Conserved vacuolar sorting hub regulates autophagic flux in plants

A “hub and spoke” system allows plant cells to effectively coordinate cellular trafficking, especially for cellular recycling, also known as autophagy. Autophagosomes are specialized vesicles that capture hazardous molecules and transport them to the vacuole, where they are destroyed.

Conserved vacuolar sorting hub regulates autophagic flux in plants
The plant autophagy adaptor CFS1 localizes at the outer autophagosome membrane. Confocal microscopy images of Arabidopsis root epidermal cells expressing the autophagosome marker ATG8E (left), the autophagy receptor marker NBR1 (middle), or the newly identified autophagy adaptor CFS1 (right). The vacuoles are shown in gray. NBR1 localizes inside of the autophagosome, whereas ATG8 can localize at both the inner and outer membranes of the autophagosome. The right panel shows that CFS1 is an autophagy adaptor that mainly localizes at the outer autophagosome membrane. Image Credit: ©Dagdas/JCB/GMI.

During this trip, autophagosomes mature through molecular pathways that are unknown in plants. Scientists from the Austrian Academy of Sciences’ Gregor Mendel Institute of Molecular Plant Biology (GMI) have now characterized the mechanism through which autophagy exploits the hub and spoke model in plant cells. The results have been published in the Journal of Cell Biology.

Autophagy was initially assumed to be a process by which cells survive when they are starved or stressed. Autophagy, on the other hand, is increasingly viewed as a quality control process that ensures normal cell function by recycling cellular components that have become undesired or dangerous.

The cell replenishes its molecular resources and creates some of the energy required to adapt to environmental changes with the help of autophagy.

Autophagy is carried out by autophagosomes, which are double-membraned vesicles that swallow the material to be digested.

Autophagosomes are organelles that are born, mature, and die. We knew quite a bit about how autophagosomes are born, but much less about their maturation path and delivery to their final destination, especially for plant cells.

Yasin Dagdas, Study Corresponding Author and Group Leader, Gregor Mendel Institute of Molecular Plant Biology

The vacuole, a huge organelle that comprises nearly 80% of the cell’s volume and is packed with digestive enzymes, is the “final destination” in plant cells.

Numerous vesicular organelles, such as autophagosomes, are active in the cell; they migrate across the cell in a well-organized manner to mature and accomplish their roles. Dagdas and his colleagues demonstrate in their most recent work that plant autophagosomes do not take a direct, linear route to the vacuole.

Dagdas adds, “We don’t know yet if this is true for all plant autophagosomes, but we show that at least some of them stop at a different location before reaching the vacuole.”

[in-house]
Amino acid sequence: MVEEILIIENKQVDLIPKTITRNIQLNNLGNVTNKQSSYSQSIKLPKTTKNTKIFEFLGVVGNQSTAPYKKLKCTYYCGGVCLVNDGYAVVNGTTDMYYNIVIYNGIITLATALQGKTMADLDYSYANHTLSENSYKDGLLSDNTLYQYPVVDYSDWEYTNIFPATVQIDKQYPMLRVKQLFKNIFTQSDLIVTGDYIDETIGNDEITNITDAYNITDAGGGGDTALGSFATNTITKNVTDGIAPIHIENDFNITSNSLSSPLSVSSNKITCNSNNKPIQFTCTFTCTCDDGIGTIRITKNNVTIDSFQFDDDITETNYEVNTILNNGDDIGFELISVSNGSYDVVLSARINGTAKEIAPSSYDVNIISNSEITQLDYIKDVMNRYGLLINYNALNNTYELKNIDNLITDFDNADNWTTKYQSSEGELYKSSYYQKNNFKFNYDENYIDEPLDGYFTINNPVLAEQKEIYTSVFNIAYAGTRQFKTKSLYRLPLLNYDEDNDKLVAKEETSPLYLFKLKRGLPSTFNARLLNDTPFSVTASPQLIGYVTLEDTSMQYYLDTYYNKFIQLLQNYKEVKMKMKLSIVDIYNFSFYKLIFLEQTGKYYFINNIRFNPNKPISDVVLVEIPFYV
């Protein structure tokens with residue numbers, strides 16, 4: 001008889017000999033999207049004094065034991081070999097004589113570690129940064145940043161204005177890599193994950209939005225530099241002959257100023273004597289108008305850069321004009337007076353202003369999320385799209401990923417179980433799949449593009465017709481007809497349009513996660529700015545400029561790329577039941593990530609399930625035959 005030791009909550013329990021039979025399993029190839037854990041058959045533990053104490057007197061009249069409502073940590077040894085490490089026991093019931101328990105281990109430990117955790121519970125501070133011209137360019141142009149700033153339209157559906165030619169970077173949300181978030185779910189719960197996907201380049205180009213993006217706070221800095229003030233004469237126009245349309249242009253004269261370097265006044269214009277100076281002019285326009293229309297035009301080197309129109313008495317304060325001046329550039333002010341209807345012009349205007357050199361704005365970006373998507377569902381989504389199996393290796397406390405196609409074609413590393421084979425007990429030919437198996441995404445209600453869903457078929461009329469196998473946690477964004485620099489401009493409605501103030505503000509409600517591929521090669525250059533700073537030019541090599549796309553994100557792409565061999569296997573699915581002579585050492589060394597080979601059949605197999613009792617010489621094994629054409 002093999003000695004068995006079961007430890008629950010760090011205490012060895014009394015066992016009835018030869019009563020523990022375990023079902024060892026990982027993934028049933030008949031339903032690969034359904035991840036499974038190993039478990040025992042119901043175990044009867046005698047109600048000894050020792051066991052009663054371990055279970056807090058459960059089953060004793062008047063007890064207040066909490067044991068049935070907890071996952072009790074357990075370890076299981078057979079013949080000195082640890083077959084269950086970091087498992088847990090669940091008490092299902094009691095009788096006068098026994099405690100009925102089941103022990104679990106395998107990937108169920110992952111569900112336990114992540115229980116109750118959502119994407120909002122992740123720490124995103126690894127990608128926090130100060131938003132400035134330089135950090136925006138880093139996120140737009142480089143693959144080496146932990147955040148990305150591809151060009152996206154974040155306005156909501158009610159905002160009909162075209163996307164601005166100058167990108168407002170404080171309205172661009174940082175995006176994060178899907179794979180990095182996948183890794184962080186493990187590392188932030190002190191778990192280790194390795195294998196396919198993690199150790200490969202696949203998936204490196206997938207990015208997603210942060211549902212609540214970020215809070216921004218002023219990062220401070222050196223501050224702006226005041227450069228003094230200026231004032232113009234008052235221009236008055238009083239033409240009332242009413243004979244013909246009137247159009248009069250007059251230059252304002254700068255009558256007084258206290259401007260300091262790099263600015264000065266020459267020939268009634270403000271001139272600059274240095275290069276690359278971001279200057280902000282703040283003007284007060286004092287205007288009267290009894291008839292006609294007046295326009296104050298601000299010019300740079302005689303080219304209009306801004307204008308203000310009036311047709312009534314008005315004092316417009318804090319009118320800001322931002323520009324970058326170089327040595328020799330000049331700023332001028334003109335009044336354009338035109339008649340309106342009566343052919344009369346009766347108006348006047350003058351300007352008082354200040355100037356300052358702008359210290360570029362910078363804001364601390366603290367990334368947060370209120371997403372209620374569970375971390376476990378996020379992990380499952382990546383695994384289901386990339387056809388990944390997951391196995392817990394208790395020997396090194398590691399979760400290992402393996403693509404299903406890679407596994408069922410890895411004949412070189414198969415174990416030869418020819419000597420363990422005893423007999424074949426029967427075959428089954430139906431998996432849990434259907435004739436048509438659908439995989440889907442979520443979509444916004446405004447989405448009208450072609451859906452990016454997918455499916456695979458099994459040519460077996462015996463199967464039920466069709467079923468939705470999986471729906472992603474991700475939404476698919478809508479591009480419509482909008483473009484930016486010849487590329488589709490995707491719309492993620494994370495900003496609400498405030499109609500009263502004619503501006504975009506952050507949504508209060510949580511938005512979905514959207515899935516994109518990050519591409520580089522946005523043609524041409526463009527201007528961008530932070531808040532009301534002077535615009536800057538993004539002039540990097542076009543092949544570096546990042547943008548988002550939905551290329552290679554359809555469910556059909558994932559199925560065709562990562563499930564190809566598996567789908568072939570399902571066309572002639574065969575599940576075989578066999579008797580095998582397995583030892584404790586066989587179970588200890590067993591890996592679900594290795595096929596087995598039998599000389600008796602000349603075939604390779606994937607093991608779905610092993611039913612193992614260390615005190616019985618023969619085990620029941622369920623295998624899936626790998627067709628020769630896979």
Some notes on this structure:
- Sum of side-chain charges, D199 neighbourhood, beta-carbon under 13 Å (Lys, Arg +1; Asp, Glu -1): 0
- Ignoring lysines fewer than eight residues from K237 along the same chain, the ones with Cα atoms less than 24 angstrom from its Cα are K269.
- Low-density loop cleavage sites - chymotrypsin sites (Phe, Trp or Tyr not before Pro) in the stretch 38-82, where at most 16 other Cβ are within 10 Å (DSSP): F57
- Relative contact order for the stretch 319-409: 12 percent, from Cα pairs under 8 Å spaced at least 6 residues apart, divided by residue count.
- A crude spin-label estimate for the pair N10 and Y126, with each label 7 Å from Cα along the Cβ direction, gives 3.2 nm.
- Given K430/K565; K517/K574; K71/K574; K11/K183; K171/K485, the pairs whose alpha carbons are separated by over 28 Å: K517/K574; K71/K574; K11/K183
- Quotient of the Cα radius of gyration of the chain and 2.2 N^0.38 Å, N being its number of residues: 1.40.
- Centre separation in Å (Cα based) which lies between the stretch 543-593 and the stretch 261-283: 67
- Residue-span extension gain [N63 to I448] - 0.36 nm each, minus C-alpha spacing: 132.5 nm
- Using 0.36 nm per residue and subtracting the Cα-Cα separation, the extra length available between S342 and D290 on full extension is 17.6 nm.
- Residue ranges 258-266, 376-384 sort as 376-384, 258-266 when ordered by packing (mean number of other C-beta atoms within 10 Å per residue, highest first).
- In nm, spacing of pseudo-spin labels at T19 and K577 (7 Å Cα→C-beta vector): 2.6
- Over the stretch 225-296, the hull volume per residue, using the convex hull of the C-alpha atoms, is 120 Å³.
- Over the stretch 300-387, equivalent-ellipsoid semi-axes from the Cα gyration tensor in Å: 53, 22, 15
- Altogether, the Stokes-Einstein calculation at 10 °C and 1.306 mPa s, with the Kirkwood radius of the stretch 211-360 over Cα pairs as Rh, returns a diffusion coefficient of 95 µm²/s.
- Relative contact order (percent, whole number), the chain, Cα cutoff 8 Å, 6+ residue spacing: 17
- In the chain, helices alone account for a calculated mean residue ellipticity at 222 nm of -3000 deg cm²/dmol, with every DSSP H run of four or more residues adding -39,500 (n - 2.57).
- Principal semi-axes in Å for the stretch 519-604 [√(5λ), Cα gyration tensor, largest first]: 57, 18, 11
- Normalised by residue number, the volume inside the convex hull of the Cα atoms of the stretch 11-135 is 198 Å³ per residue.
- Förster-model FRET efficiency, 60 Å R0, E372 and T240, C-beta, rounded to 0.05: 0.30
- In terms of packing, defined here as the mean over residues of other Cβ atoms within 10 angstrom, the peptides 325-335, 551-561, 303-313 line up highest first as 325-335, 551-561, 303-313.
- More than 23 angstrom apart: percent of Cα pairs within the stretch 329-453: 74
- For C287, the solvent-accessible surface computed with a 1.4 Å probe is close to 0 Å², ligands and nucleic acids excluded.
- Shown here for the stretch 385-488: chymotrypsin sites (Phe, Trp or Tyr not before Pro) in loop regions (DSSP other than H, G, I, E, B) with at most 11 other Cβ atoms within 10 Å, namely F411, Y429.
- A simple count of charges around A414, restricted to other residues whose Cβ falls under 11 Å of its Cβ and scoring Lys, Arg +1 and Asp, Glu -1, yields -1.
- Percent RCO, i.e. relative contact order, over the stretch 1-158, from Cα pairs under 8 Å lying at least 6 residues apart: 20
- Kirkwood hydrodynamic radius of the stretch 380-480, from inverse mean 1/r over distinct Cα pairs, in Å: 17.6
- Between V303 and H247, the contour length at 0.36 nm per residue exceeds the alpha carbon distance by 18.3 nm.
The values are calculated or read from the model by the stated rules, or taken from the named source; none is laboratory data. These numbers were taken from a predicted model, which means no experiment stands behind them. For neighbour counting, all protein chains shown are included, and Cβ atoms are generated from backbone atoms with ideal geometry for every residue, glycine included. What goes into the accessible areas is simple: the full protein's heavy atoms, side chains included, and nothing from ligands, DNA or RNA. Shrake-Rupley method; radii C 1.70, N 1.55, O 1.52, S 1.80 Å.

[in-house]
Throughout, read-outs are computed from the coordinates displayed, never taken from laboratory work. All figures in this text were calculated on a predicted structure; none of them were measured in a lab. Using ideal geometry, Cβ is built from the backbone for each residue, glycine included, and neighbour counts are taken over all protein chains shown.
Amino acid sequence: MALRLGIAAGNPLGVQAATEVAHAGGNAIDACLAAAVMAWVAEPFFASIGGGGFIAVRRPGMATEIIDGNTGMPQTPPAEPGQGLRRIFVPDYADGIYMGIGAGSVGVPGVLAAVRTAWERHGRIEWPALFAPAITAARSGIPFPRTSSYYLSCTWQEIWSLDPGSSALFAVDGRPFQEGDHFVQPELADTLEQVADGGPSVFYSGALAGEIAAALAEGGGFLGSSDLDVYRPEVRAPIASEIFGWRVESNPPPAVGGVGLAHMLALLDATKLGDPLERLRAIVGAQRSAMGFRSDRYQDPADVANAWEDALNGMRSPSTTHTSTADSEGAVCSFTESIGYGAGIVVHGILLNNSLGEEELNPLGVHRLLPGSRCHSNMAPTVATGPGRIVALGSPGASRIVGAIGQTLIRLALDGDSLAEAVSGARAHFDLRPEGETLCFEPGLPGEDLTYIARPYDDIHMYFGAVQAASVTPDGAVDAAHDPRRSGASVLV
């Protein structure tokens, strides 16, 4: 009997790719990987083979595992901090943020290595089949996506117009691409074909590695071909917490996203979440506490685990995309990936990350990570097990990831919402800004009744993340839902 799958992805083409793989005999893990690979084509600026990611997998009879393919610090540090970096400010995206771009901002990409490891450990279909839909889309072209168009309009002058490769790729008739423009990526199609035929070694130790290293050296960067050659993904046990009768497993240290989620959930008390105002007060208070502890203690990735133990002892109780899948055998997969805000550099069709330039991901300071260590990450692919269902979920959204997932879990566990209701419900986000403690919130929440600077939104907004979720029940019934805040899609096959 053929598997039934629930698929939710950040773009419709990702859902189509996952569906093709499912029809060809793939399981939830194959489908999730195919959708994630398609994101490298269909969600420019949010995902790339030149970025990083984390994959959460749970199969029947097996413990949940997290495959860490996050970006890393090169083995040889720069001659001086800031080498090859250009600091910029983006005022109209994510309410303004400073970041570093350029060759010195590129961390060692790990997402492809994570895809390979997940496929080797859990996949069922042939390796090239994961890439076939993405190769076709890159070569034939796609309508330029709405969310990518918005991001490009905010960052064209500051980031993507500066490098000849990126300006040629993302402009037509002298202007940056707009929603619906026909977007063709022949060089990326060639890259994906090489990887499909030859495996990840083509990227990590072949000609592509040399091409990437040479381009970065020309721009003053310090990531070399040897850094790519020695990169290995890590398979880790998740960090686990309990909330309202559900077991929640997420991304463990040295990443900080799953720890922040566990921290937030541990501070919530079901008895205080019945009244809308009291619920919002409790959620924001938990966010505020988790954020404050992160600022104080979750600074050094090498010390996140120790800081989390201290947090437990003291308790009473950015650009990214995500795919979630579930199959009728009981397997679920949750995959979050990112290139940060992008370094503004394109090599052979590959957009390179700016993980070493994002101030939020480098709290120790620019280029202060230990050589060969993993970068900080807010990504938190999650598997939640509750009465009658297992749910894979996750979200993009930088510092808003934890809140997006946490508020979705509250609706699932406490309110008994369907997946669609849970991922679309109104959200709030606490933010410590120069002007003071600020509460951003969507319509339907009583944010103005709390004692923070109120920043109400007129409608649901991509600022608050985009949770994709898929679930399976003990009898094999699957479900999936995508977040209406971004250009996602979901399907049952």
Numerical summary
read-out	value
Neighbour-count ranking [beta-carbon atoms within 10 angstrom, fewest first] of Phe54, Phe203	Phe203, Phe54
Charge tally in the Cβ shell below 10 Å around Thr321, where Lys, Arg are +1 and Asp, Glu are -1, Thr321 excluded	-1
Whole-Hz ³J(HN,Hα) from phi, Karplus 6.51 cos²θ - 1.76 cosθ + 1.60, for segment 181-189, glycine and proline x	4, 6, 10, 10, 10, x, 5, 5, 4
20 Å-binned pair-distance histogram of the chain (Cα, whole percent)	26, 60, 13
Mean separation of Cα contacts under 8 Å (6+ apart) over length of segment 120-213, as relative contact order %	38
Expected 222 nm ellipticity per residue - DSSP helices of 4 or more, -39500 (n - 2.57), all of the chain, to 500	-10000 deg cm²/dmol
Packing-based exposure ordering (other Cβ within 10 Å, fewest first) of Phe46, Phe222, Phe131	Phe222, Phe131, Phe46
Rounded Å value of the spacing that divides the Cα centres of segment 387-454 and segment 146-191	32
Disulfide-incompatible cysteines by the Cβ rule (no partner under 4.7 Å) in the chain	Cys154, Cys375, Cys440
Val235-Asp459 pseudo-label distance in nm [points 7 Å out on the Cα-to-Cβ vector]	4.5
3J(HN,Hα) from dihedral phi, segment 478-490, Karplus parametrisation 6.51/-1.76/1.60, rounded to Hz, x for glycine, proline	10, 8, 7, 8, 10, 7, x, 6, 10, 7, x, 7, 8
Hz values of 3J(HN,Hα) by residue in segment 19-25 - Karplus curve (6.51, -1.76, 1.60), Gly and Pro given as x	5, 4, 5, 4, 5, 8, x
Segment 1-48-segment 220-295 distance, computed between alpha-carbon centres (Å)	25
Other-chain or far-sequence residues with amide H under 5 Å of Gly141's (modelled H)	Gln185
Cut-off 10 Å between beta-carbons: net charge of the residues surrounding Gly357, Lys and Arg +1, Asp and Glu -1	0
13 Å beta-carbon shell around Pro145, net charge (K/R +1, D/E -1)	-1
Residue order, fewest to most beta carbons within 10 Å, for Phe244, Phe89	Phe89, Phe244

The researchers reveal that plant autophagosomes first fuse with other endosomal organelles termed “multivesicular bodies” (MVBs) to generate “amphisomes” using complementary methodologies in biochemistry, cellular imaging, and structural biology. The amphisomes then merge with the vacuole.

The identification of the autophagy adaptor CFS1, a protein that detects membrane marks on both autophagosomes and MVBs and so enables their fusion, is fundamental to their findings. The researchers show that amphisomes act as cellular sorting hubs for autophagosome development and trafficking to the vacuole.

The trafficking pathways are quite complex, but they all need to be coordinated. Generating vesicles is energetically costly for the cell. Hence, we believe that by using the amphisomes as sorting hubs for autophagosomes, the cell optimizes its energetic efficiency.

Yasin Dagdas, Study Corresponding Author and Group Leader, Gregor Mendel Institute of Molecular Plant Biology

The researchers link this sorting hub model to the “hub and spoke” system used in aviation and other supply chain logistics.

By having all materials transit through centralized hubs, the cell reduces its logistical costs as fewer routes are necessary. In addition, this system allows the cell to be economical, as complicated operations can be performed in the hubs rather than organized separately in each autophagosome.”

Yasin Dagdas, Study Corresponding Author and Group Leader, Gregor Mendel Institute of Molecular Plant Biology

The function of the autophagy adaptor CFS1 was validated in two evolutionarily distinct plant model organisms, Arabidopsis thaliana and Marchantia polymorpha, implying that this method of autophagosome maturation is maintained across plants. Because autophagy is important in the regulation of cell stress, the findings could be useful in engineering plant vesicular trafficking to boost plant stress tolerance.

Source:
Journal reference:

Zhao, J., et al. (2022) Plant autophagosomes mature into amphisomes prior to their delivery to the central vacuole. Journal of Cell Biology. doi.org/10.1083/jcb.202203139.

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